“I got used to my soul”

The first Closed Administrative Territorial Formations (ZATO) appeared in the 1940s, when work was underway in the USSR to create an atomic bomb. Previously, only employees of enterprises and their relatives could get there. All others were denied entry. Residents were not allowed to divulge information about themselves and their activities, violators were brought to criminal responsibility. All these inconveniences were offset by premiums and good social security. “People came to us, climbed over the fences to buy. Especially in times of total deficit in the late 1980s: there is nothing on the shelves in open cities, but we have plenty of everything,”recalls Igor Lozinsky.

In the early nineties, the secrecy status was removed. Today, you can get to the city with a pass, a passport with a permanent residence permit or travel documents. Nonresident guests must receive an official invitation from the locals and be tested. Igor admits: the newcomers, according to them, seem to be returning to the USSR. “We have quarters with two-story Stalinist buildings, in the courtyards the men are going to cut themselves into a“goat”.Nearby there is a playground where the grandmother stands by the window and watches her granddaughter playing in the sandbox. And when her favorite cartoons begin, she will shout to the whole yard: “Svetka! Home!" The guests see this, some are very surprised”.

Igor likes that the city is calm and quiet, but he would not like to stay here all his life. He has two daughters - the eldest left after the 11th grade for Moscow, is studying in the magistracy of the Russian State University of Oil and Gas named after I. M. Gubkin, working in her specialty. And the youngest went to college in Astrakhan this year, but wants to retake the Unified State Exam and enter the same university as her sister. Igor's wife is a military man, has been serving for 12 years, and leads the orchestra. She prepares for retirement, after which the family plans to move. “It is good to raise and educate children here before they leave school. They need to realize themselves in life elsewhere. And if you have become attached to your soul, you can always return and meet old age here,”concluded Igor Lozinsky.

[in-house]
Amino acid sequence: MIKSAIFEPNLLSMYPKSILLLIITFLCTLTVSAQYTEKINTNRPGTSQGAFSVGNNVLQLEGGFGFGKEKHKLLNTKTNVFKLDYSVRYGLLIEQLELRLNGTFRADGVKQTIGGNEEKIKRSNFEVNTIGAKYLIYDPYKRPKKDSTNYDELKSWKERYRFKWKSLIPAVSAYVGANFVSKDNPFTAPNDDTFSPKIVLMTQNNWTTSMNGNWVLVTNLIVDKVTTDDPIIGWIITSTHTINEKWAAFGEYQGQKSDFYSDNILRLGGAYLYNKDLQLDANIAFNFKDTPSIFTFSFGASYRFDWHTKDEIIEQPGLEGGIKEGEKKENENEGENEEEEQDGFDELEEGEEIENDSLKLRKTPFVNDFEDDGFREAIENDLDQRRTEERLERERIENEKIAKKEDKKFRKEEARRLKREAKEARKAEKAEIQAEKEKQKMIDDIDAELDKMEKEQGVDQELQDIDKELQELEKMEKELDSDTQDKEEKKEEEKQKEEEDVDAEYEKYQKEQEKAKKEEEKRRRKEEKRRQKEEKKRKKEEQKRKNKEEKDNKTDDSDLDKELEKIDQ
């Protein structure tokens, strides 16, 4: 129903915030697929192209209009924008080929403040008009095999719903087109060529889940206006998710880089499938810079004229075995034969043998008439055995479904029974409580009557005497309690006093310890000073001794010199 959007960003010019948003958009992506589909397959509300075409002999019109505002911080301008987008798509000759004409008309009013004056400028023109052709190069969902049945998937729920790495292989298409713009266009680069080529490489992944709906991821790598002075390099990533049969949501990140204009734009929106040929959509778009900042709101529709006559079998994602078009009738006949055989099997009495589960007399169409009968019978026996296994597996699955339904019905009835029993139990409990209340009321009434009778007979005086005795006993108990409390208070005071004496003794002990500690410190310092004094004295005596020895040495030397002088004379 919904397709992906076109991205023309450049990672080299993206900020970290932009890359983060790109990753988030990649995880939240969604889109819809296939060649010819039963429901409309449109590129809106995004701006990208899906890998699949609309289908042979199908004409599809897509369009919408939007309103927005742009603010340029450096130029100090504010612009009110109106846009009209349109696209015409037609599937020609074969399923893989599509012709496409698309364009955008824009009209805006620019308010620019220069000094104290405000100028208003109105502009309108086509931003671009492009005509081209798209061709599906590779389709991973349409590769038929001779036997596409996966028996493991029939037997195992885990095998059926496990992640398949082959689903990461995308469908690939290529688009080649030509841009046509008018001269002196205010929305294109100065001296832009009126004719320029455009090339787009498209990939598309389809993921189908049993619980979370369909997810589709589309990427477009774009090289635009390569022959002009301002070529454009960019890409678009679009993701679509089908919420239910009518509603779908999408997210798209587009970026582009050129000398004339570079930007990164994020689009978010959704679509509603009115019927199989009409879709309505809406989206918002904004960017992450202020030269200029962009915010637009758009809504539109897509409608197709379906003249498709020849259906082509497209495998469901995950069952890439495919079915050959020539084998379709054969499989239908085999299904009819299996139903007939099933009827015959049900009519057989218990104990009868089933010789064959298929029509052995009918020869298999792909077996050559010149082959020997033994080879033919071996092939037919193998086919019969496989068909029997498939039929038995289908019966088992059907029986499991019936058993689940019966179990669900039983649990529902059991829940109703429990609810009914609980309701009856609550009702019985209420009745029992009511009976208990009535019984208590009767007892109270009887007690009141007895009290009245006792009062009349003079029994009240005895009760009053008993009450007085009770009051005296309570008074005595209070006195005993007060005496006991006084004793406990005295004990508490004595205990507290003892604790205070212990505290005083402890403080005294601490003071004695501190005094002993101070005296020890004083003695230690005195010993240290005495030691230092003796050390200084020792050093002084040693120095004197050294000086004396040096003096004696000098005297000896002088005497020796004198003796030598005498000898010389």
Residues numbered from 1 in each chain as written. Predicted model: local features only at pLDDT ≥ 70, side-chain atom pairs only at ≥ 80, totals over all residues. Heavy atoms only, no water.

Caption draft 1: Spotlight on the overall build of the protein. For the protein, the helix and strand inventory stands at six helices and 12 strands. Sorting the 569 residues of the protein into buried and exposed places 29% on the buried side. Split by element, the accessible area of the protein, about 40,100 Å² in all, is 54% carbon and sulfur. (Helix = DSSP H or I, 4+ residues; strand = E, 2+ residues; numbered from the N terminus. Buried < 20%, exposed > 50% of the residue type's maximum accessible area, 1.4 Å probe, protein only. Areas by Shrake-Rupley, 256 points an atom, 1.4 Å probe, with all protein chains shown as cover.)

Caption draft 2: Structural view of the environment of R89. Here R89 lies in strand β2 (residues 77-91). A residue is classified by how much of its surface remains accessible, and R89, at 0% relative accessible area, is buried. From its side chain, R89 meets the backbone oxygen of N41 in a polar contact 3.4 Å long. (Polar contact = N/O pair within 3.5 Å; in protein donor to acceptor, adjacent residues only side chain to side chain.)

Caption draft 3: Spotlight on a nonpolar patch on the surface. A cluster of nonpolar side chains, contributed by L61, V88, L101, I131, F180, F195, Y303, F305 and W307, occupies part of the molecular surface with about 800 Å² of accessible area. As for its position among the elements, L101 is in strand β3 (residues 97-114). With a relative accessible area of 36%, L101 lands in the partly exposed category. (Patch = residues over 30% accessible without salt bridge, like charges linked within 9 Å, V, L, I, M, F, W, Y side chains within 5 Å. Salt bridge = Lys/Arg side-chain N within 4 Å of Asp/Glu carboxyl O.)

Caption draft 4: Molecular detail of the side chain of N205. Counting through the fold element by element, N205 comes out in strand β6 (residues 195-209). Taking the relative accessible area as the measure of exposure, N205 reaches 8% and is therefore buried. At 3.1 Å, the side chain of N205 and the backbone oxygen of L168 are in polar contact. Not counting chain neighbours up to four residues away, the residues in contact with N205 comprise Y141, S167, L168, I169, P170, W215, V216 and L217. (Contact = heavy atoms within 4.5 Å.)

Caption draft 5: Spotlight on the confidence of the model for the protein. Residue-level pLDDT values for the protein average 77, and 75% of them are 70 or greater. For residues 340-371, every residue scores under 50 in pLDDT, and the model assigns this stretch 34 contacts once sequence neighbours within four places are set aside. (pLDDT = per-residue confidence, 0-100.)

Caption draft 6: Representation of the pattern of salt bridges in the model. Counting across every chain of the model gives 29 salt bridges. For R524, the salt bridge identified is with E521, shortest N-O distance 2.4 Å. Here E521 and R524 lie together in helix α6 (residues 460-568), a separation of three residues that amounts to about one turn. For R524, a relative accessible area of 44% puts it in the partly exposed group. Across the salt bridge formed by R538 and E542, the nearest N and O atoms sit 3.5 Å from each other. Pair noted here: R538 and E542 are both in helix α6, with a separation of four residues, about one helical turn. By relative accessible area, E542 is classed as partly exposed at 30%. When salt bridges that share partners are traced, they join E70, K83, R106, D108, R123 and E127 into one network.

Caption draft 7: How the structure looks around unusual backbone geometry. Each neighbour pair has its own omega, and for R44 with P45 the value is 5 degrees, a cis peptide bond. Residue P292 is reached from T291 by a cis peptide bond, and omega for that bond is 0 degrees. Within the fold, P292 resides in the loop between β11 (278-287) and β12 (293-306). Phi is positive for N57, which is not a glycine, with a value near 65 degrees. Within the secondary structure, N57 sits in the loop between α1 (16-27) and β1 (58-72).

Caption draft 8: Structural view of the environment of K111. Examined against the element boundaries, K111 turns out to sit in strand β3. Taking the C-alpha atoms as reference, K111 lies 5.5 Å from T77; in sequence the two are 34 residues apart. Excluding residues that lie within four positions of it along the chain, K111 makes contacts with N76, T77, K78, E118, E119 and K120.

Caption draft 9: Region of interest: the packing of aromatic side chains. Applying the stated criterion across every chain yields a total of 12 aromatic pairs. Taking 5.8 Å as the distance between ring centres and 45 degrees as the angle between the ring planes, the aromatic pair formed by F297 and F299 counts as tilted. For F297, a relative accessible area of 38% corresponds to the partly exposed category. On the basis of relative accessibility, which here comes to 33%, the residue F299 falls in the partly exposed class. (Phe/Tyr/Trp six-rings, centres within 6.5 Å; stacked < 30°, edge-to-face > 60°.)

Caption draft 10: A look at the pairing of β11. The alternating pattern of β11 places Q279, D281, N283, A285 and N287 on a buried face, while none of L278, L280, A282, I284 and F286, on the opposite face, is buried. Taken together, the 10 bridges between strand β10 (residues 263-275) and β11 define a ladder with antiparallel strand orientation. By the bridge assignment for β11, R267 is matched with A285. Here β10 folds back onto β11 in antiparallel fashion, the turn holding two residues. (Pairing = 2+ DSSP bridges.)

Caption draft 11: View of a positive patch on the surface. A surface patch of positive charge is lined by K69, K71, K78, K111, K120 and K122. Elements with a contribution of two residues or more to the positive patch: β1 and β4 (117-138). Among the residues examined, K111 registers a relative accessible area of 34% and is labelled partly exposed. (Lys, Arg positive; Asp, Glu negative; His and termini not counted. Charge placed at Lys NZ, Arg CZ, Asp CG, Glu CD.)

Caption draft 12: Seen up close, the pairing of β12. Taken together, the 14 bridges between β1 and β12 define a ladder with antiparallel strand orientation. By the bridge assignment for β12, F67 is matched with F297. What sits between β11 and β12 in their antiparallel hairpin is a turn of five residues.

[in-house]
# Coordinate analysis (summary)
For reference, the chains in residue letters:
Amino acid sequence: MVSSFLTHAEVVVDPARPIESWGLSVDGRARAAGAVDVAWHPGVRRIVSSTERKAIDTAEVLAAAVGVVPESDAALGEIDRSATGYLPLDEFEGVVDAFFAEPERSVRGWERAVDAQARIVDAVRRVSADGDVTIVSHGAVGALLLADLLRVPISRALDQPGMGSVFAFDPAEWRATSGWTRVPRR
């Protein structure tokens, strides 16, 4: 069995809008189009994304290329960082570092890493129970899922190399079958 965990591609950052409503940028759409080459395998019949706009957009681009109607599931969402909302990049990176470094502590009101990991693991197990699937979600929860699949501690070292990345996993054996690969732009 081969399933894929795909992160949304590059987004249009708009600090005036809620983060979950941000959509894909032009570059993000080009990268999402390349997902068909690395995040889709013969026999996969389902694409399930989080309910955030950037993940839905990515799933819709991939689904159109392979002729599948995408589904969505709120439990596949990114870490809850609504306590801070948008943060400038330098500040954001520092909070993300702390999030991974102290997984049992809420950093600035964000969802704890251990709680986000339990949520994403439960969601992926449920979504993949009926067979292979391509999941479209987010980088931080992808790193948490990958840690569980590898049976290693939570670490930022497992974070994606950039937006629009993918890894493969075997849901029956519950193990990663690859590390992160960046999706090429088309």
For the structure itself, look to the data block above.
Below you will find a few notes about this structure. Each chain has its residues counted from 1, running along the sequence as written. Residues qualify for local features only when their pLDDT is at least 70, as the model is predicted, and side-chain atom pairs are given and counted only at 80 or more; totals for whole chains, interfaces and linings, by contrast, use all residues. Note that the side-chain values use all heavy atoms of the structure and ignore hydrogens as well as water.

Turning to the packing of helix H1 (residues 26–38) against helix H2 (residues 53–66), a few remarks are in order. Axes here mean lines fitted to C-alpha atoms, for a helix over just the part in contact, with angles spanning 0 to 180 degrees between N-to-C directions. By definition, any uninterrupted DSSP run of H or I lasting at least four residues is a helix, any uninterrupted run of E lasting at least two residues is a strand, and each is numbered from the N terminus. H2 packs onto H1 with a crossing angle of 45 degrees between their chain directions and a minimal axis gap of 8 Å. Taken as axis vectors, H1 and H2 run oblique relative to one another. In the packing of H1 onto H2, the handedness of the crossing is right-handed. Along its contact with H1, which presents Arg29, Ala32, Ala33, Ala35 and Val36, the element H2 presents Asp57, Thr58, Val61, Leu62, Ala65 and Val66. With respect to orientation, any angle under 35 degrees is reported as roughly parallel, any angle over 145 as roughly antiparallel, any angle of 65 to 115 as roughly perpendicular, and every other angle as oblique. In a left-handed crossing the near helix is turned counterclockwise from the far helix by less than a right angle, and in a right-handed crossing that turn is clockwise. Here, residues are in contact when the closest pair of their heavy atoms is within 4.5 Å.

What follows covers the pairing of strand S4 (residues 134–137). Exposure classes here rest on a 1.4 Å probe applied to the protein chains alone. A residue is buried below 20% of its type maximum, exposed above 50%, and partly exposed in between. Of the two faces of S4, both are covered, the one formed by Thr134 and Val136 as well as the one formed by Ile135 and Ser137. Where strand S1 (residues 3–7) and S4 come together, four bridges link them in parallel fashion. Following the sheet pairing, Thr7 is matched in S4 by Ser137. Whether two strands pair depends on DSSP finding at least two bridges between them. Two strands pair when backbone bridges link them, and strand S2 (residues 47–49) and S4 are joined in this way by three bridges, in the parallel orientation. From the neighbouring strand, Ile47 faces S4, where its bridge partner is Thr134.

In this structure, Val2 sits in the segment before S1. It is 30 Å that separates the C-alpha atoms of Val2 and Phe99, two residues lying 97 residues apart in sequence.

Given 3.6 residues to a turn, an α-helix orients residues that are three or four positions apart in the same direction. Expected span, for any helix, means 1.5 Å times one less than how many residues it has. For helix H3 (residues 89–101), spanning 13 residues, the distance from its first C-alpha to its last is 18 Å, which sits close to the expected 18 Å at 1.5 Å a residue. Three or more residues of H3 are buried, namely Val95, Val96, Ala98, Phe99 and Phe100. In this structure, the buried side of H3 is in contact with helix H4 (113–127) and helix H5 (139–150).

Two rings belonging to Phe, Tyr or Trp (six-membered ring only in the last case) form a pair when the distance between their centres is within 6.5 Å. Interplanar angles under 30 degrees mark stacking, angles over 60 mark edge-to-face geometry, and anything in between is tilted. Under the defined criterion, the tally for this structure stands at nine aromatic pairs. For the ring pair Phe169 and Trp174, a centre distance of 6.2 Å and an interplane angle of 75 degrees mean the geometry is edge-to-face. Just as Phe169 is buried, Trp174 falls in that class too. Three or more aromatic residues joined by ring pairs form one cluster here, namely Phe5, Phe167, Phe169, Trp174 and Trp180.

First Builders

Svetlana Berezovskaya is from Seversk, Chelyabinsk Region. Her parents were here in the year the city was founded - in 1954. “They were, one might say, the first builders. Mom is from Tomsk: after the orphanage she was sent to study as a signalman, at that time they were sorely lacking. Then she worked at the telephone exchange of the Siberian Chemical Combine. Dad came from the city of Volzhsky in the Samara region to Tomsk to study at a technical school, then he was assigned to the same plant,”Svetlana tells RIA Novosti.